Technology for good, sustainability, environment and society
Hi! Below is a little about me, stuff I'm doing currently and things I've done past. In a few words, I'm a tree-hugger who has found himself chained to a keyboard, though I'm fortunate enough to be able to write code that satisfies my inner hippy.
Demand Logic makes big buildings more energy efficient and improves maintainability, making them more sustainable and comfortable for tenants. I'm incredibly proud to be part of this amazing company.
My day-to-day role at Demand Logic involves advancing the data stream modelling, working with this model to deliver tools and visualisations and supporting data scientists using these data, eventually using machine learning to gain more insight from the billions of data points we receive.
I've been fortunate enough to work with some great and leading tech companies, highlights below.
Working to build Piclo, a peer-to-peer energy trading product. A pilot conducted with Good Energy (GE), my role was integrating data flows with GE, creating and using APIs in our micro-services, resolving issues around data discrepancies, timezone handling, user-facing tools on the customer website including a one-page “app” navigating and visualising the data. I worked closely with the design team and with other developers to keep a tight feedback loop and continuous improvement of all aspects of the product.
Developing a platform to engage communities – from the occupants of a single floor of a building all the way up to the city-wide scale – in reducing their carbon impact and living better at the same time. Leading the tech team, we had interesting architecture and build challenges to solve, trying to bring fresh and improved solutions to some quite old and some quite new issues in the field. We dealt with a full stack of very technical (in-house and 3rd party) systems integrations, all the way up to the UX/UI issues that affect users.
Streamlining the site’s core features, allowing greater re-use of data (including re-usable data renderers & visualisations) and products, easing use for both clients and colleagues. I worked on data ‘scorecards’, risk-calculators, ethical supply chain tools and played a key role in developing SEDEX’s Risk Assessment Tool.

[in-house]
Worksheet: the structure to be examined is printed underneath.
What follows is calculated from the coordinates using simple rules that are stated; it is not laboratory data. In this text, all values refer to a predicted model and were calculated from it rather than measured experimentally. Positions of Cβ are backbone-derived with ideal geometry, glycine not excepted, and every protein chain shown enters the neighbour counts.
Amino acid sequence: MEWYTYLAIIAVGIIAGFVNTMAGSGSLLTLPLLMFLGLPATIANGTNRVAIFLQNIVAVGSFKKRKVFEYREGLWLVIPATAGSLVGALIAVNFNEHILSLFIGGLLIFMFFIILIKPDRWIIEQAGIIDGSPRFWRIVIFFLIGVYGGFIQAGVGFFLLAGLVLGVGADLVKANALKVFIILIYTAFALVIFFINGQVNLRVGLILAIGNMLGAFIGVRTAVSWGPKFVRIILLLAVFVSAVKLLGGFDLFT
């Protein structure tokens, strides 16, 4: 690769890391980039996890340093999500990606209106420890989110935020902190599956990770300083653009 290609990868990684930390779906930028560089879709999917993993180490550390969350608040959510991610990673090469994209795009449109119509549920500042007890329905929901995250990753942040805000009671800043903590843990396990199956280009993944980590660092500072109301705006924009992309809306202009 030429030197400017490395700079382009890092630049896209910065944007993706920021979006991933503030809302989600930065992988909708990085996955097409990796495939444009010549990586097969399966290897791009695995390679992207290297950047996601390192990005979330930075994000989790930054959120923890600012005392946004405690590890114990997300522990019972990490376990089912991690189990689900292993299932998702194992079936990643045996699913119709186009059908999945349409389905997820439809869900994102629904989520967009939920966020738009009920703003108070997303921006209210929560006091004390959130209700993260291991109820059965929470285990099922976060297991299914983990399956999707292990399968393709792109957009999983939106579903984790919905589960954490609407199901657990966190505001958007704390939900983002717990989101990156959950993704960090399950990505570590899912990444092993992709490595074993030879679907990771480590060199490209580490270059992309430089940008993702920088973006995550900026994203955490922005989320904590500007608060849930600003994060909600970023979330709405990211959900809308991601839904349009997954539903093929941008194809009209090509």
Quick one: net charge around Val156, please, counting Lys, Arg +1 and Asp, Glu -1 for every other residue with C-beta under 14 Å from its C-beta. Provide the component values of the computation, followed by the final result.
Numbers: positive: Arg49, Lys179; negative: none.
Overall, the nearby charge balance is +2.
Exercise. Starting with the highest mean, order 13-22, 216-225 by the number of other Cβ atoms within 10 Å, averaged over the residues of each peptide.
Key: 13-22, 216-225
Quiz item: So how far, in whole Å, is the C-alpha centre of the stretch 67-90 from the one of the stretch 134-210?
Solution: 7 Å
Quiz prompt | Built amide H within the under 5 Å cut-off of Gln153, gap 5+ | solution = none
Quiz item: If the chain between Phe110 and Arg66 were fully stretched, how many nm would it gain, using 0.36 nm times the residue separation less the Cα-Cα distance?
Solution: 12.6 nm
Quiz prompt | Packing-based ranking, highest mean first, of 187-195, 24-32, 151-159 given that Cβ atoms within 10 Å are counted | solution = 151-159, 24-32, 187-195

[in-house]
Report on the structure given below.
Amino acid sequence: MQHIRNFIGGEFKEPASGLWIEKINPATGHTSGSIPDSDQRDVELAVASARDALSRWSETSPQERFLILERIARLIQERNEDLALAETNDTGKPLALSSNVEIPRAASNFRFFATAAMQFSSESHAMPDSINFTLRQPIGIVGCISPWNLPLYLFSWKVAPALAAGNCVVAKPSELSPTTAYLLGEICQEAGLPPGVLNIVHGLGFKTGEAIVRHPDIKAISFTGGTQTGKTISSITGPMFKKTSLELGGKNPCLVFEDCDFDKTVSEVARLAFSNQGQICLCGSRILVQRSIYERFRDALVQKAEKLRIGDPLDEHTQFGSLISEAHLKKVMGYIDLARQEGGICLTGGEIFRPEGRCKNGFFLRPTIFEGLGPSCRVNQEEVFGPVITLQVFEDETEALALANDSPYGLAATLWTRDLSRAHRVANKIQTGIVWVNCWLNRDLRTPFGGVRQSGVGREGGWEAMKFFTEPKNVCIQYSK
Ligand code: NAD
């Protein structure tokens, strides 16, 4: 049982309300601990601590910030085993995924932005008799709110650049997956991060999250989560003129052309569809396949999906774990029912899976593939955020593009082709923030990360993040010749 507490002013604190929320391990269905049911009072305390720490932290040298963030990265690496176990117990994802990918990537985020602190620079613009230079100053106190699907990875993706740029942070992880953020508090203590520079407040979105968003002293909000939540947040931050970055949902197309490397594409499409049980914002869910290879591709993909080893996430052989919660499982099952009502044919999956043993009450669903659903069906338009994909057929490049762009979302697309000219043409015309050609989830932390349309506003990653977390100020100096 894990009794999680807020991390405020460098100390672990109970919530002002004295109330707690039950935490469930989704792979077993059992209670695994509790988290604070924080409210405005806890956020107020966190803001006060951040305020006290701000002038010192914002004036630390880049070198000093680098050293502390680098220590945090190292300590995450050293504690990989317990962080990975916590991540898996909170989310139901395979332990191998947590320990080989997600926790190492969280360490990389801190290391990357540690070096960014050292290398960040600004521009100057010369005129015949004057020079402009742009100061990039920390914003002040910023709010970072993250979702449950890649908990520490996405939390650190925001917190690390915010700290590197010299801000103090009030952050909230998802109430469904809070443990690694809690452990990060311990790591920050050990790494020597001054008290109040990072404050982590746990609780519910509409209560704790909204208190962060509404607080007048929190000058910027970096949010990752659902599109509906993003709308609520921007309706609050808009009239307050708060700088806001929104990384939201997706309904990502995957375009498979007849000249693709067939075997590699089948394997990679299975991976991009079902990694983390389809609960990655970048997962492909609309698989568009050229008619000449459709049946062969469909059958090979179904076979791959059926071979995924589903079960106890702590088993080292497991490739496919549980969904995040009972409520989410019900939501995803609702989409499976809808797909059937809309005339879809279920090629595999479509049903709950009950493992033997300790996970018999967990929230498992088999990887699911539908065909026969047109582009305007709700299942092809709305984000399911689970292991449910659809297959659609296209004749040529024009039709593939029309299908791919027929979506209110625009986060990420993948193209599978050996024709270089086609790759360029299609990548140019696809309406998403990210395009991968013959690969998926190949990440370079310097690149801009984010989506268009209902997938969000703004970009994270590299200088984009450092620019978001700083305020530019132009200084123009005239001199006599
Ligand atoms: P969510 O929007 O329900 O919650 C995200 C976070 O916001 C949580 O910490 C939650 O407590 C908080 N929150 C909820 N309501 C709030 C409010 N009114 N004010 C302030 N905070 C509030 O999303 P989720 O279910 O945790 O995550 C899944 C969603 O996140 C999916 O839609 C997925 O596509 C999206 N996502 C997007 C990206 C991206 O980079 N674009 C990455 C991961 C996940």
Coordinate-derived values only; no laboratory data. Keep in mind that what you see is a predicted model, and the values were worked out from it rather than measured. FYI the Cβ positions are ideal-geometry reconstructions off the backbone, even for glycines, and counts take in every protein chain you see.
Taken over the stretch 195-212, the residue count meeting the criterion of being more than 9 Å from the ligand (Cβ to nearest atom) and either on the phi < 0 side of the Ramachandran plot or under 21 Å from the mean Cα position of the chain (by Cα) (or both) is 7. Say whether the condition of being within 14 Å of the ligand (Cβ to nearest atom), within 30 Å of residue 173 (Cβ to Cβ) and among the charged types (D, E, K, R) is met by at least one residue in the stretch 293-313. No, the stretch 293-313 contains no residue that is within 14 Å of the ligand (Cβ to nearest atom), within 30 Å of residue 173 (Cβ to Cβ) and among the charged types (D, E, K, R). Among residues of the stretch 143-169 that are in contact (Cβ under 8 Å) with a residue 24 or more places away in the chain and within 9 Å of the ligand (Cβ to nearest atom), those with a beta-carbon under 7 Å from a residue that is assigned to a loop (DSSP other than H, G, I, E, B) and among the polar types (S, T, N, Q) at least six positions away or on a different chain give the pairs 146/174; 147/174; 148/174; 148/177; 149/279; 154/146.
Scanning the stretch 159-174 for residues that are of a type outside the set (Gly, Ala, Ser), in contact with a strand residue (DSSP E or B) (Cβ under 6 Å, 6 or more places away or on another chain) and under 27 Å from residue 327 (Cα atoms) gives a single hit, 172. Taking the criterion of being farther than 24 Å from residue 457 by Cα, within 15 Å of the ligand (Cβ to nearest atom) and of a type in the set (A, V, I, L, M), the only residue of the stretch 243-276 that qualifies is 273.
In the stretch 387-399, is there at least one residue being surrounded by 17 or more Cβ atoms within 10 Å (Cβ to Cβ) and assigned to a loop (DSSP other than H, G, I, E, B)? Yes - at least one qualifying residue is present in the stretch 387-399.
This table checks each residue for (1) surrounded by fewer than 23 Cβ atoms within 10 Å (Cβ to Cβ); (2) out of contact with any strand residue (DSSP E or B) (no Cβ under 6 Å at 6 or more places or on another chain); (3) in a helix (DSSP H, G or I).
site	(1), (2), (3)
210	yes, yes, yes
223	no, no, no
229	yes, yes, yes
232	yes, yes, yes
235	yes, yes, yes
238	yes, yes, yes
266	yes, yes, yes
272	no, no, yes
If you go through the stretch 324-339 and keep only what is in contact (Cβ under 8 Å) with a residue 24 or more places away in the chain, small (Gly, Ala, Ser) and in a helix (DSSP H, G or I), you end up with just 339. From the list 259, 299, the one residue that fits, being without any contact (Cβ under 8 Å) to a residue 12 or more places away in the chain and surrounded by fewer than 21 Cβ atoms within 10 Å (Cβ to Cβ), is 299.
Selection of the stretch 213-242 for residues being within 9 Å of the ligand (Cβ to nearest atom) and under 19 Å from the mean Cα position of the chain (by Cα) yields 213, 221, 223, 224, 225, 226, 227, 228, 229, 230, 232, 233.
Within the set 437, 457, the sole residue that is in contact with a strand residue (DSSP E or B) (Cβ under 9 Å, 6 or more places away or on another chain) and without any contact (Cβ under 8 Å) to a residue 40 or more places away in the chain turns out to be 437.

Stuff I've made to solve some problems
AshTag is a citizen science project developed with UEA's Adapt group to track the spread and effects of the ash tree dieback disease. AshTag 1.0 was built very quickly on top of my previous project "IAS-ESS" (Invasive Alien Species - Exotic Specimen Sightings), and AshTag 2 was then developed separately and open sourced.
The project has been taken over by the Sylva Foundation.
Built as a response to growing evidence that fracking causes significant water quality issues, in order to help citizens of Britain gather data before they get fracked.
Incomplete due to time constraints.
Built to assist with monitoring and management of invasive species, this was, at the time, a novel project that allowed for any invasive species to be photographed, identified, geolocated and reported to experts, with geo-fenced campaigns pushed out to iOS and Android apps.
Here's a slide deck of features.
This site was inspired when I became annoyed with myself for mistakenly purchasing items containing Palm Oil; and then the frustration at trying to explain (with proof) why it is 'bad'.
The idea was that the information on the site can be used and built upon to help make ethical (and informed) purchases, based on whatever the user's ethics allow for.
Another idea after becoming frustrated, this time with the disconnect of the health information systems and our own poor recall abilities, Bohdi was intended as a personal health app to log injuries and bodily-concerns.
Here's a slide deck of the idea.
Shtaggle was to help me organise my music with tags. It allowed the user to tag their music by retrieving tags from the last.fm community, or through custom tags. Shtaggle could also communicate tags back to last.fm and to a linked shtaggle.co.uk account. Once tagged, the user can quickly organise their music using iTunes smart playlists, for example. Shtaggle could also retrieve track lyrics.
The important bits from my academic career.